IMPORTANT: We care about your wellbeing and the health of the wider community.
Please don't attend court if you have cold or flu-like symptoms, including fever, coughing, or difficulty breathing.
If you've been told to attend court, but have cold or flu-like symptoms, please call 0800 COURTS (0800 268 787) to talk to our team about your court appearance.
More information can be found on our COVID-19 information hub.
Get information about family issues, and other times when you need help.
A break up can be hard to navigate and everyone’s journey will be different. Formally ending a marriage or civil union requires a court process, as can the decisions about the care of children and sorting out joint property. The relationship break up tool can help you find the information that is most important to you. You can also use it to create a to do list.
Get help to separate or divorce when your marriage, civil union or de facto relationship ends.
Information on making arrangements for the care of your children and how the Family Court can help you sort out arrangements.
Find out how the Family Court and other services can help you resolve problems.
Information on how to get help and/or legal protection from the Family Court if you're in, or have been in, a family or close personal relationship with a person being violent.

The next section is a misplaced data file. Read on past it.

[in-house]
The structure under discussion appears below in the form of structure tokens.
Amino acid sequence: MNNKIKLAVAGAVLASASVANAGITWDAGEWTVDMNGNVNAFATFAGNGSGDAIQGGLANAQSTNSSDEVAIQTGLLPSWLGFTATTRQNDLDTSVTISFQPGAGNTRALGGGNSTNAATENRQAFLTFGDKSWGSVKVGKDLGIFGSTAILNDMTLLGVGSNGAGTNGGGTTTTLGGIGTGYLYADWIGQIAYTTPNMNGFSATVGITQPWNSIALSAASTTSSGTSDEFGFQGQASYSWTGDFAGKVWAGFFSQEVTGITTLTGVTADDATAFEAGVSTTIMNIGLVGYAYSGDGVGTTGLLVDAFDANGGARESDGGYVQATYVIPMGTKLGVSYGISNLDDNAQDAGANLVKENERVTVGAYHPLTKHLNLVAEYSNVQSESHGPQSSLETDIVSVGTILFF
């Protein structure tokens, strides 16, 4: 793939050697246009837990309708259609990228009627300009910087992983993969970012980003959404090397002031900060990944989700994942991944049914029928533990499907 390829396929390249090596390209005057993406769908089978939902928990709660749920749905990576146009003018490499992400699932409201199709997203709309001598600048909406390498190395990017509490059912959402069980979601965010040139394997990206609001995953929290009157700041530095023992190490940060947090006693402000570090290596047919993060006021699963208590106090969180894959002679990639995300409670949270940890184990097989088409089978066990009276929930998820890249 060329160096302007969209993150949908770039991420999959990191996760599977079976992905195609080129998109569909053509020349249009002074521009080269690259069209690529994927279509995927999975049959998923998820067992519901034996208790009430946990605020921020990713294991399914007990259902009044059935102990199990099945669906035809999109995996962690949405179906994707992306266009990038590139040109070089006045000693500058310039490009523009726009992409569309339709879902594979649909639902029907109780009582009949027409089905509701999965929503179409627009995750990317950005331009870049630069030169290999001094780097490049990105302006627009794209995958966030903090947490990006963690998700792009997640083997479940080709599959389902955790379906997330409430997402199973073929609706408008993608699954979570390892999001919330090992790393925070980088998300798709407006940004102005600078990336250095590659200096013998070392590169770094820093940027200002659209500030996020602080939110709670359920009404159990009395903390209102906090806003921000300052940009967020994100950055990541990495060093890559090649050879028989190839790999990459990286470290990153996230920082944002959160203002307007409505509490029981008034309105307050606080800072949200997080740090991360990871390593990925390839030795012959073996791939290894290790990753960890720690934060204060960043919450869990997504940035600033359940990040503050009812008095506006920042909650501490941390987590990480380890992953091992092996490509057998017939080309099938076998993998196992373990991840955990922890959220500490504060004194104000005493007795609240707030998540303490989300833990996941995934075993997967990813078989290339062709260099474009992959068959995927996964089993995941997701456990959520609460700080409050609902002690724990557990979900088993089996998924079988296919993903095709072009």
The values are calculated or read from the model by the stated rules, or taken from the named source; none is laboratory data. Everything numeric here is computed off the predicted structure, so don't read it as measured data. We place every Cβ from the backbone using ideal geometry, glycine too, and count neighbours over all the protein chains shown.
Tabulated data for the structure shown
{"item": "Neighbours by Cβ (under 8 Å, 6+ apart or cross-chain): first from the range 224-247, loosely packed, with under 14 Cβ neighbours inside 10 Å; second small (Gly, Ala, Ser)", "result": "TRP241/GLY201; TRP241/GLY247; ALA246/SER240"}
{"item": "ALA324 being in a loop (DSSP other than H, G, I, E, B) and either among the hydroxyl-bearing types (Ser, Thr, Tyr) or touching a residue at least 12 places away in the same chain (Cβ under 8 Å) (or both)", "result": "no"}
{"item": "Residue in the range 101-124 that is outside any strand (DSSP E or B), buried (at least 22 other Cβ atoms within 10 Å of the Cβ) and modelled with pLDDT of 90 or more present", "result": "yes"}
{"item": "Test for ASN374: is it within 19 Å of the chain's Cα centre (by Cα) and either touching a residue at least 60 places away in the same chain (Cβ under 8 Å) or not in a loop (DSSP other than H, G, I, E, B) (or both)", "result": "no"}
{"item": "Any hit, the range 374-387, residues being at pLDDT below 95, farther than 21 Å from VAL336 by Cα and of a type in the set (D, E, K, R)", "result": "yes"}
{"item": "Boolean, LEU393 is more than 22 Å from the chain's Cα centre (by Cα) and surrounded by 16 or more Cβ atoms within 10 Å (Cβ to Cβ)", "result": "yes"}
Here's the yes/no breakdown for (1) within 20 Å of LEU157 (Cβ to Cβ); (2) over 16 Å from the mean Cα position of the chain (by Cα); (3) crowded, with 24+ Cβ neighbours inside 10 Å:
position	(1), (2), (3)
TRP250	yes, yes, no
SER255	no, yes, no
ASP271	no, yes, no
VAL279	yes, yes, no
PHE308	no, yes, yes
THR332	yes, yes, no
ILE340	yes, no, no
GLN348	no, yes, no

Get help to make agreements about relationship property and assets at any time during your relationship, or when the relationship ends or the other partner dies.
Find out the reasons you can challenge a will and how to do it in Family Court.
How to change the sex on your birth certificate.
How you can help people who may not be fully able to make decisions for themselves, including information on enduring power of attorney, welfare guardians, property managers and Personal Orders.
The court can order treatment for mental health issues, alcohol and substance abuse or other addiction issues.
Resources for lawyers and service providers, including without notice applications, mediation and parenting courses.
The Family Court can make an order to restrict a person from starting or continuing to bring civil cases which are unwarranted or meritless.
If you’re aged 16 or 17 and want to marry, or be in a civil union or de facto relationship with someone, you’ll need the consent of a Family Court judge.
Find out how to contact or find a Family Court.
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